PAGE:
Another important finding of the present survey is the slight inching up of the performance of companies on the capacity utilization scale. We see a slightly larger group of companies now reporting capacity utilization level at over 75%. While in the previous survey 40% of the firms belonged to this category, in the latest survey this proportion has moved up to 45% – an indicator of demand situation improving for more companies and more sectors.
Even as the demand situation is improving in the economy, companies are still far from being at a point from where they can enjoy some pricing power. While raw material costs are on the rise – nearly 6 out 10 respondents to the present survey cited increasing raw material costs as an impediment to business performance – and pushing companies to reconsider their price points, the general view is that it could take another 9-12 months for some pricing power to return to companies as they are still operating at less than optimal capacities. As pointed out earlier, while the impact of demonetization on demand situation has eased considerably, the natural build up following improving economic performance is still happening at a slow pace. In the previous survey, nearly 80% of the respondents had mentioned weak demand as a clear dampener – a result flowing from demonetization move of the government – and while this number has come down significantly in the current survey it still lingers around 60%.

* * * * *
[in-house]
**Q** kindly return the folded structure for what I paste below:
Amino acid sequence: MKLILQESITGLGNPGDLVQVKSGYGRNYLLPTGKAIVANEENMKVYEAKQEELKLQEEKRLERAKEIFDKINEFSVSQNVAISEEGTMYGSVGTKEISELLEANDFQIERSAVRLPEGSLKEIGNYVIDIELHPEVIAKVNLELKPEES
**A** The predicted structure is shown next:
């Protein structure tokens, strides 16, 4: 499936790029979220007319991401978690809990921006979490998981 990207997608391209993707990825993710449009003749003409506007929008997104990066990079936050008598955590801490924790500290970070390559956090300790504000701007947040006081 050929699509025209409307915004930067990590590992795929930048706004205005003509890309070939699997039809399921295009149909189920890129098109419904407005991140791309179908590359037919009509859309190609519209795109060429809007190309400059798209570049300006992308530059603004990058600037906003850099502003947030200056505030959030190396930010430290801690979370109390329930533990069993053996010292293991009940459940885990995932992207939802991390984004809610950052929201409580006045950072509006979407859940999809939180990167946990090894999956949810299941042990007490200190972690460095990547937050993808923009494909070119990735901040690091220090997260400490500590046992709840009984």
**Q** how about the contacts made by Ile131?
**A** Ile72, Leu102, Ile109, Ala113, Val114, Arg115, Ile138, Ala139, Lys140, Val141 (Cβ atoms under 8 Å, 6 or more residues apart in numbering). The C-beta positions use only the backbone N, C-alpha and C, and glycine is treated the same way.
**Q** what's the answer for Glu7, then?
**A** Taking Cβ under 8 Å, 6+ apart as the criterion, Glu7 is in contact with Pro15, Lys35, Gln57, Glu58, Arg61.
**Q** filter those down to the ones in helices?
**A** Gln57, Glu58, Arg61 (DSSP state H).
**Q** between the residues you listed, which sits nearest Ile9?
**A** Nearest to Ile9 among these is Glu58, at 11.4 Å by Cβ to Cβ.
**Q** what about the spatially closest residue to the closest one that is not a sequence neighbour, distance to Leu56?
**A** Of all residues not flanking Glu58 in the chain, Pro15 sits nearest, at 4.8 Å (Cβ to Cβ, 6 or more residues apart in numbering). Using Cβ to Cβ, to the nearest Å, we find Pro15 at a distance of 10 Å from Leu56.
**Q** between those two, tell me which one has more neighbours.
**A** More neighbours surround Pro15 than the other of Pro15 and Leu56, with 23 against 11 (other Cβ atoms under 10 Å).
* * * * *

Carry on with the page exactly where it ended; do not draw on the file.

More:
With respect to credit, a decline was noted in the survey in the proportion of respondents citing availability and cost of credit to be a constraining factor. In the present round 39% of the participating companies reported cost of credit to be a bothering factor. The corresponding number in the previous survey was 43%.
Both the government and the central bank have taken a slew of measures over the past couple of years to moderate the lending rates in the economy. The Reserve Bank of India has cut the repo rate by 175 bps between January 2015 and October 2016; the interest rates on small saving scheme were reset and marginal cost of funds based lending rate was introduced last year. Earlier this year, following the rapid build-up of deposits, some major banks revised down their lending rates.
In light of these developments, the survey participants were asked to indicate if they have been able to benefit from the recent downward revision in lending rates by banks. Surprisingly, about 67% of the participants responded in negative to this question and this indicates that a large set of companies is not getting the benefit of credit flow at lower rates. Out of the remaining who said they have been able to benefit from the decline in lending rates, the extent of benefit varied between 10 basis points to 200 basis points.